Burke Files examines the curious methods Iranian Vessels use, including IFCs to get around sanctions imposed on them.
Iran used to sail its ships under the flags of Iran, Cyprus and Malta. As these ships came to be known as beneficially owned or operated by Iran, Iran reflagged these ships in Tanzania and Tuvalu and reportedly some with Hong Kong. National Iran Tanker Corporation (NITC) has been playing this game with the rest of the world trying to hide individual tankers and disguise the ownership and nature of its fleet. The same has been true for the Islamic Republic of Iran’s Shipping Lines (IRISL) that handles the non-oil merchant marine needs of Iran.
The EU and the US have taken a dim view of reflagging and have forced both Tanzania and Tuvalu in July to deregister the reflagged ships. In September the Korean Shipping Registry chose to no longer certify Iranian ships. Some of these ships found their way to the Hong Kong ships registry. Just recently, within the last few weeks Hong Kong was convinced to unilaterally deregister 19 vessels. In addition the shipping services Bureau Veritas, Germanischer Lloyd, the Russian Maritime Register of Shipping, and Class NK have also stopped certifying known or suspect Iranian ships and even Moldova and Mongolia have ended their reflagging of Iranian vessels. Which flag is next, I am not certain, but I am sure it will not be the white flag.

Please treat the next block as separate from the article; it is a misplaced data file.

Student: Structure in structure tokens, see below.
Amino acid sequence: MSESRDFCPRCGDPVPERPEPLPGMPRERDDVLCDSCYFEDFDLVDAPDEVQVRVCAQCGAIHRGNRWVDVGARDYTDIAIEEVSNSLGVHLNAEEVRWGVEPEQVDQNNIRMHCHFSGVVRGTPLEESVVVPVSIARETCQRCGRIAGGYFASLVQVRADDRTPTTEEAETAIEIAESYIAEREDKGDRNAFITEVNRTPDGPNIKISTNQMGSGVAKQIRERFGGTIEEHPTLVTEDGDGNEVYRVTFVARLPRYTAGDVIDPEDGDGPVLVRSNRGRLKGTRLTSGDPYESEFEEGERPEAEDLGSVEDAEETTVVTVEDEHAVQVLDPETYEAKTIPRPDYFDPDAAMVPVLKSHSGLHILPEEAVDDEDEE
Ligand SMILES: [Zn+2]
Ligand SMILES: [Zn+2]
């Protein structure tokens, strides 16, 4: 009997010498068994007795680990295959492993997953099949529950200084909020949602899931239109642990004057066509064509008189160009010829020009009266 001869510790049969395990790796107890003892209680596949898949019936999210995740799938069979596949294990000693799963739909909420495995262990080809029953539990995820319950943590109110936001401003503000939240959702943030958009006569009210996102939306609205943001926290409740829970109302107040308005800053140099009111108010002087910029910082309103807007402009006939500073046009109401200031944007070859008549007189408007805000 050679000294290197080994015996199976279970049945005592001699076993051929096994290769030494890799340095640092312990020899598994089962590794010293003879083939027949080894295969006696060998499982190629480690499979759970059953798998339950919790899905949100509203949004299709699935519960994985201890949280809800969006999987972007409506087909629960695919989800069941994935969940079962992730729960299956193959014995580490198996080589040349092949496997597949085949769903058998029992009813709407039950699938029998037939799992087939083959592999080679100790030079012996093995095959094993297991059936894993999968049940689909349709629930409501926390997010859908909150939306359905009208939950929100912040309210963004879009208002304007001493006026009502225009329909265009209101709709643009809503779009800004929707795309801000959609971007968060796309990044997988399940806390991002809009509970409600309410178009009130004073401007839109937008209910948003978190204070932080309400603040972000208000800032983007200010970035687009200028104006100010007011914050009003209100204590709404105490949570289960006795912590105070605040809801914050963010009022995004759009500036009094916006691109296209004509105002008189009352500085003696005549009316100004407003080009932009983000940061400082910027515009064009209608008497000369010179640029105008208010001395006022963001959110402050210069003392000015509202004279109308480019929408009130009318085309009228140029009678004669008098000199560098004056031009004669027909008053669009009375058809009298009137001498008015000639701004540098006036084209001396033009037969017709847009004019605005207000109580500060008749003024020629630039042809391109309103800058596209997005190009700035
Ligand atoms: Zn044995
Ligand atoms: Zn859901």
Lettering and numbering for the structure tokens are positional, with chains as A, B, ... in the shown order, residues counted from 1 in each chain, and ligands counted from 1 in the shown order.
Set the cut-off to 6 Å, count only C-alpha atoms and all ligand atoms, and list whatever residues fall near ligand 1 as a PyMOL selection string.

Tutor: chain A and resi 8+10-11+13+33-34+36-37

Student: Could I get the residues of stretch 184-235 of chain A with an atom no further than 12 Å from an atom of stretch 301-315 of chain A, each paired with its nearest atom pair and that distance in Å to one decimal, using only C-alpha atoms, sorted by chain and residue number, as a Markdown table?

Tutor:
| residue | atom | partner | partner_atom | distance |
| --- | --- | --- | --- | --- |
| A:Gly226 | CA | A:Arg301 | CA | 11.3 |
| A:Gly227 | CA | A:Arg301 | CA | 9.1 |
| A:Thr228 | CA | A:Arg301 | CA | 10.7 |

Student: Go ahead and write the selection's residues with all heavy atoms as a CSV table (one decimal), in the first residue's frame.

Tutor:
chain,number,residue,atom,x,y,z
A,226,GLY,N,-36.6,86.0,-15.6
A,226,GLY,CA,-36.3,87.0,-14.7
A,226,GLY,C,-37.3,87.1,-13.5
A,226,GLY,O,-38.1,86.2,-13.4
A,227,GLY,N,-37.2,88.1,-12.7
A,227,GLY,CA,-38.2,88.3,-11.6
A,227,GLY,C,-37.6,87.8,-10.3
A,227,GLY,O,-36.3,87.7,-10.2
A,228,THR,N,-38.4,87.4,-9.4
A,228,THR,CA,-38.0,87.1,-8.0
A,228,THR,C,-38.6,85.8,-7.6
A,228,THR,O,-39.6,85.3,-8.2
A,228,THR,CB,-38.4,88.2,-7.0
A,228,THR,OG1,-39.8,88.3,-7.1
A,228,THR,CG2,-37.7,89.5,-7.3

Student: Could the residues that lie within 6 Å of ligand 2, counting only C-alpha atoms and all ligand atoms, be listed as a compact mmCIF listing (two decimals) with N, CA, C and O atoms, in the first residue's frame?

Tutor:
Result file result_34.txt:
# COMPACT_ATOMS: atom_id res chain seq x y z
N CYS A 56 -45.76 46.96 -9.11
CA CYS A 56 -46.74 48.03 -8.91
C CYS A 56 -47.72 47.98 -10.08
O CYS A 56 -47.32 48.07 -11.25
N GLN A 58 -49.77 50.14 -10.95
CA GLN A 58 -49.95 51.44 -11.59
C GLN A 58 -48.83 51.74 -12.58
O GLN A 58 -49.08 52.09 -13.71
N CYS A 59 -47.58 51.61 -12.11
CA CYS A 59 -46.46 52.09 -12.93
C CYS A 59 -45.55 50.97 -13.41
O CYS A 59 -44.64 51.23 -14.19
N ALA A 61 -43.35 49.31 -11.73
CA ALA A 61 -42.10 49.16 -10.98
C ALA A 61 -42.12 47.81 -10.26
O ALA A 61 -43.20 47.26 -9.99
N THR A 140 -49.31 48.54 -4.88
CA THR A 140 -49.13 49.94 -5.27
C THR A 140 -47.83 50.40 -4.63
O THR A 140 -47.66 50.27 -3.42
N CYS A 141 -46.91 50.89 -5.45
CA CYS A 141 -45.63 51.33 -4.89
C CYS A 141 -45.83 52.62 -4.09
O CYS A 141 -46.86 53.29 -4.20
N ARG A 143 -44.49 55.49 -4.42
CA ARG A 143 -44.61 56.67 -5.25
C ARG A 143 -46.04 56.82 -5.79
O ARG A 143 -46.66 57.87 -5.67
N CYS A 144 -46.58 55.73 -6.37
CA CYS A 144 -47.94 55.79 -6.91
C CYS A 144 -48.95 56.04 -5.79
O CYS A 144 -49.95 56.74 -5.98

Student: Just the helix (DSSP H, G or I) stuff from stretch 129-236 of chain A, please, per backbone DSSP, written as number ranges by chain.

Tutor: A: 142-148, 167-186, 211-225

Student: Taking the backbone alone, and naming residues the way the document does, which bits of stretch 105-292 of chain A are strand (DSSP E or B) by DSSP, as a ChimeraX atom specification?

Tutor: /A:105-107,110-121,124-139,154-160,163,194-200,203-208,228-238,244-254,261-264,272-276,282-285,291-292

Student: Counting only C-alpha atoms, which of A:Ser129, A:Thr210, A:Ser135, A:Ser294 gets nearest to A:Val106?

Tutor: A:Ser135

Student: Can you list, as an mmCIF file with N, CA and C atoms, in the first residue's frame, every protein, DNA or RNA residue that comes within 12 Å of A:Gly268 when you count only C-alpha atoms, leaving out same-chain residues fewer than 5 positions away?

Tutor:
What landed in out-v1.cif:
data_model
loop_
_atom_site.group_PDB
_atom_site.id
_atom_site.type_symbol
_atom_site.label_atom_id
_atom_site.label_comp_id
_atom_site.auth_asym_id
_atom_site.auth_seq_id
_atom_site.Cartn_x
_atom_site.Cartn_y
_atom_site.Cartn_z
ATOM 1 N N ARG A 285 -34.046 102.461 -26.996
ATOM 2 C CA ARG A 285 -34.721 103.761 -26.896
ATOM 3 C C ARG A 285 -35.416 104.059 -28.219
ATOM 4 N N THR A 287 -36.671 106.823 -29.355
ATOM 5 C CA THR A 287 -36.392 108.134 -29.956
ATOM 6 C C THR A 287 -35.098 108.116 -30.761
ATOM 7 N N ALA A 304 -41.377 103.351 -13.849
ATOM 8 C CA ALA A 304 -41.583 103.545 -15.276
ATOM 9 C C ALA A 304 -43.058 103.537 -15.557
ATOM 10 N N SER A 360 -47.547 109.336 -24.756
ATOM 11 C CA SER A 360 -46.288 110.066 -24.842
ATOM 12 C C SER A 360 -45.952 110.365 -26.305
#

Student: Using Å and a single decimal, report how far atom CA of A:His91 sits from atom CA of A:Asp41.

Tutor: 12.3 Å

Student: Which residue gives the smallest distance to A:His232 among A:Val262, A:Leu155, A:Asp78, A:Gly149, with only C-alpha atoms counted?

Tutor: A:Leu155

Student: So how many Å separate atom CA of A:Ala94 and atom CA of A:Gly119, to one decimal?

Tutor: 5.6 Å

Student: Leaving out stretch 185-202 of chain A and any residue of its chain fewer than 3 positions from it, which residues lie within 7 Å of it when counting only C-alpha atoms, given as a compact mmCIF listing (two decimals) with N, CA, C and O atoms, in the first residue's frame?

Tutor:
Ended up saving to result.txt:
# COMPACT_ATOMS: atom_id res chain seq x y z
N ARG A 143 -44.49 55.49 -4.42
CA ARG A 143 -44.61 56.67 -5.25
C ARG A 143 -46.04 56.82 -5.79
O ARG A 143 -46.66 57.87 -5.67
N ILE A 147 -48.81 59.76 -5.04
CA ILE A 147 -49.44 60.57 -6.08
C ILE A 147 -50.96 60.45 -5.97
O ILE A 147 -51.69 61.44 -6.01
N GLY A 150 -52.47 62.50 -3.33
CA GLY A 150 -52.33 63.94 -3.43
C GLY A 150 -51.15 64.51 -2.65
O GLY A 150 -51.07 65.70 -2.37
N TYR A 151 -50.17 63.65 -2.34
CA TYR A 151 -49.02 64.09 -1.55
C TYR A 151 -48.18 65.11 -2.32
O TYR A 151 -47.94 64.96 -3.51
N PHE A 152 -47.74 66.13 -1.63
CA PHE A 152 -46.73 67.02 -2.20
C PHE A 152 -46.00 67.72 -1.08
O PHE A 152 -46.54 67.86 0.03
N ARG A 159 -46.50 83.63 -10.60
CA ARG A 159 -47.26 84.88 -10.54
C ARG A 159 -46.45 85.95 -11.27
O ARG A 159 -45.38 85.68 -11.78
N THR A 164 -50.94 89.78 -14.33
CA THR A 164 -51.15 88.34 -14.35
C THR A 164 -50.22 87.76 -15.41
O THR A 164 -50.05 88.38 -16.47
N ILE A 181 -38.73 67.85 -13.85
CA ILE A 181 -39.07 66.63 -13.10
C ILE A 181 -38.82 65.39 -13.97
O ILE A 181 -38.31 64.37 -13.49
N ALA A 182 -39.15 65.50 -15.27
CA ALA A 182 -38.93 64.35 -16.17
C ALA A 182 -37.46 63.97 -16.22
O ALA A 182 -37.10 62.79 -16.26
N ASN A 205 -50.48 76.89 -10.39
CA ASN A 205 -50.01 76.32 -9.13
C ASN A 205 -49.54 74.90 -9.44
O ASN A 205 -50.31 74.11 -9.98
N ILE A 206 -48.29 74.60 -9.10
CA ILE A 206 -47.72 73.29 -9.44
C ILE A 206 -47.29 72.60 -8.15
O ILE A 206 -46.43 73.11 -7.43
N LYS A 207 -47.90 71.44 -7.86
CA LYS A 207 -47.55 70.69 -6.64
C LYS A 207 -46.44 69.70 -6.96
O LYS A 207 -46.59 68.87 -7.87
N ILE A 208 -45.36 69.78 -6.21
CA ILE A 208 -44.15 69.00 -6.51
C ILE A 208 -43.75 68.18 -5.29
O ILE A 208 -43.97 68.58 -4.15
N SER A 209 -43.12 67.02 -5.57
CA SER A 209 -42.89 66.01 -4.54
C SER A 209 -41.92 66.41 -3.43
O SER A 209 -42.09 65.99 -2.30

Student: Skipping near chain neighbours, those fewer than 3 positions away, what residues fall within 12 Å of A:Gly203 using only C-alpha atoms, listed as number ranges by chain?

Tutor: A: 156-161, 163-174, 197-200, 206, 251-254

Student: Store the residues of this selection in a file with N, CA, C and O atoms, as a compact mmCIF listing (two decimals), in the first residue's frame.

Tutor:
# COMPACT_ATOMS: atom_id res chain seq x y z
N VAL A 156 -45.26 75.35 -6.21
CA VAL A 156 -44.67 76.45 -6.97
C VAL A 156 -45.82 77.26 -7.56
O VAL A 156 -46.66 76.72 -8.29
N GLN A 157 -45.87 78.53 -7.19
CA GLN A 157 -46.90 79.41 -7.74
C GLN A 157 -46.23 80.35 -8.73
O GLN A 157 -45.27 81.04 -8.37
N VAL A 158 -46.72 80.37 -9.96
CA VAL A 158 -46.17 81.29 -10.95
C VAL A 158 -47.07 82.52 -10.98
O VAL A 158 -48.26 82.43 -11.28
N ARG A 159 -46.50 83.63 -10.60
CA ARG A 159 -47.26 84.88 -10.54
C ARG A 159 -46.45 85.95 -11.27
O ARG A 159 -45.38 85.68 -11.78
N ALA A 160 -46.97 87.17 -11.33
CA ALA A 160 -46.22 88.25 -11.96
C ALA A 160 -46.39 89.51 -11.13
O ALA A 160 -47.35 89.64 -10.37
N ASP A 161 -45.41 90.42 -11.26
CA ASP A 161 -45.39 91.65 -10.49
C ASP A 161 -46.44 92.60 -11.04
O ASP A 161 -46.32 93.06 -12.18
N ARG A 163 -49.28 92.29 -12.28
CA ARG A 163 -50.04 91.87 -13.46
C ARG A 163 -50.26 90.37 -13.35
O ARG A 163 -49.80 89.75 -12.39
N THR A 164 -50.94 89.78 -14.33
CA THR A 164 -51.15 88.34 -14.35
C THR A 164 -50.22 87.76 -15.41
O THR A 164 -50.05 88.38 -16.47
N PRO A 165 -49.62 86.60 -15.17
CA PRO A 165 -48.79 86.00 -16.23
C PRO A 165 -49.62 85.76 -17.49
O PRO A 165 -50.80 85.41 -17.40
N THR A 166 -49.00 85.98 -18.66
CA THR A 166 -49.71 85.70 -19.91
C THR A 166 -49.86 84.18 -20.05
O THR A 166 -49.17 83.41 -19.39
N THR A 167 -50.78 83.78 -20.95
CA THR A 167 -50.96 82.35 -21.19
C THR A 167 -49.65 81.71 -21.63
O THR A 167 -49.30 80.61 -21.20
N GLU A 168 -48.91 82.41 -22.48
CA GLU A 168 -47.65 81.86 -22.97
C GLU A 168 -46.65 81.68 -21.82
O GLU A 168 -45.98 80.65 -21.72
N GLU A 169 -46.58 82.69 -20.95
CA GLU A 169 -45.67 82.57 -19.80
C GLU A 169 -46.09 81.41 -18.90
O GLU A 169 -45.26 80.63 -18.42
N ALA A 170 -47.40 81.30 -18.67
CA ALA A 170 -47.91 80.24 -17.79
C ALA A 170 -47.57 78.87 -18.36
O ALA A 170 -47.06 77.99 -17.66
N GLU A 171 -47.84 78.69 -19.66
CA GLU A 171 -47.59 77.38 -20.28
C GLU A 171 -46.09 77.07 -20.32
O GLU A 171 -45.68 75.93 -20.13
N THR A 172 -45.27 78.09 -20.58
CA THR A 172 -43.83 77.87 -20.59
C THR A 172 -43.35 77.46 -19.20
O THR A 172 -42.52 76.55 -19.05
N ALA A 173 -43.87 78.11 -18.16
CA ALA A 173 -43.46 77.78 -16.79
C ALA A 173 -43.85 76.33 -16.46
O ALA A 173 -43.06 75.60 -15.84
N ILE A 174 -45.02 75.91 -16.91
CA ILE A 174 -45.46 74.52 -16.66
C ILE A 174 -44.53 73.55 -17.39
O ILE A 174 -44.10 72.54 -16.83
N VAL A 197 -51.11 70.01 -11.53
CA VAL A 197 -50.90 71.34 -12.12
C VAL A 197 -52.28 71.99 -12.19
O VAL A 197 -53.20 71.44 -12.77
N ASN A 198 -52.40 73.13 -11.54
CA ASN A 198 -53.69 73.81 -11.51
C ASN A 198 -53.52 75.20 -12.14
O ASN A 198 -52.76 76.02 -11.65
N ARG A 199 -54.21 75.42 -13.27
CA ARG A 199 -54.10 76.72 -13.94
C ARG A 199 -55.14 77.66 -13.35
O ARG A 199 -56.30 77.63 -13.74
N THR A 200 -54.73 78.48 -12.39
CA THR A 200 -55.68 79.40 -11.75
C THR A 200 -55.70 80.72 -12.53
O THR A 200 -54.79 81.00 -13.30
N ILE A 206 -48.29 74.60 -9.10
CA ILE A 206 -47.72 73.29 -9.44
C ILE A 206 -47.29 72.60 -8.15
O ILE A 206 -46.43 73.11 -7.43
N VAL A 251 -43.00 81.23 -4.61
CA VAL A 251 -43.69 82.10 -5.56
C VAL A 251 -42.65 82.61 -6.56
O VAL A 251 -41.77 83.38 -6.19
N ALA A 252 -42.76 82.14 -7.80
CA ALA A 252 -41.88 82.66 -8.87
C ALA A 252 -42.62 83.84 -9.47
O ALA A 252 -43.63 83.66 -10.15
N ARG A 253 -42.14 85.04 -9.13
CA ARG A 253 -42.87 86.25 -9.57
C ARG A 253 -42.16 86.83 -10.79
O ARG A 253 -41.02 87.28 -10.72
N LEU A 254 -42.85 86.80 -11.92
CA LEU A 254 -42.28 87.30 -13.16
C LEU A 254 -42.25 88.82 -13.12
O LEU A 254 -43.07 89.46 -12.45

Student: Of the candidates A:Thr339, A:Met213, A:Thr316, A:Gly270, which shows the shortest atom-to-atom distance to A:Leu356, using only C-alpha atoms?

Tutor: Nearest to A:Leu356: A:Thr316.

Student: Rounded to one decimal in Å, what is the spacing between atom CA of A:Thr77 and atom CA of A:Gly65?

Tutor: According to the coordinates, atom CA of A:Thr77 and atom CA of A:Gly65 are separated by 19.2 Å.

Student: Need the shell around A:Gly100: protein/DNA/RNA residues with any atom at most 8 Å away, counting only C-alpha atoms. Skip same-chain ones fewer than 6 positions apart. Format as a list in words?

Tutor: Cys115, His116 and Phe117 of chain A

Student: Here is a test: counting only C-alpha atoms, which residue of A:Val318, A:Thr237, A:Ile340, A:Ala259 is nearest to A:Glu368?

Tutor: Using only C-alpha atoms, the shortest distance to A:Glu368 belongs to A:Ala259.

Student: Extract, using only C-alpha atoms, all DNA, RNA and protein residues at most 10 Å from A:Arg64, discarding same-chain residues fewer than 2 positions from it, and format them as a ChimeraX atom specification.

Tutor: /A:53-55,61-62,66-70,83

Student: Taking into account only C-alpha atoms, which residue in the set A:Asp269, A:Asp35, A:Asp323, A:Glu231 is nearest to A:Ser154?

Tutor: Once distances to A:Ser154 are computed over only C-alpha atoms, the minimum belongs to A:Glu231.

In the meantime those Iranian Vessels still plying the seas have been using a number of tricks to disguise the ship as well as the cargo. Many ships have been reflagged and renamed enroute. This old game is reasonably effective as by the time they reach a new port to offload oil, the ships name or flag is not an issue. Another ploy is to ship oil to a bunker ship and offload the oil to a bunker ship and re-title the origin of the oil through a series of bills of lading and bunker oil sales contracts. The oil can now be purchased and sold and picked up for delivery in a non-Iranian ship with few the wiser for the ruse.
So why don’t the countries of India, South Korea, Japan send their own tankers to Iran to pick up the oil they need? Simple, the insurers are prohibited from insuring the oil that comes from Iran or the ships that are transporting the Iranian oil. Why not run without insurance? Well that is what many of the Iranian tankers do, however without insurance against, collision, grounding, contact damage, machinery failure, pollution, fire, etc... they are not allowed in some waters and would not be at all allowed in any non-Iranian ports.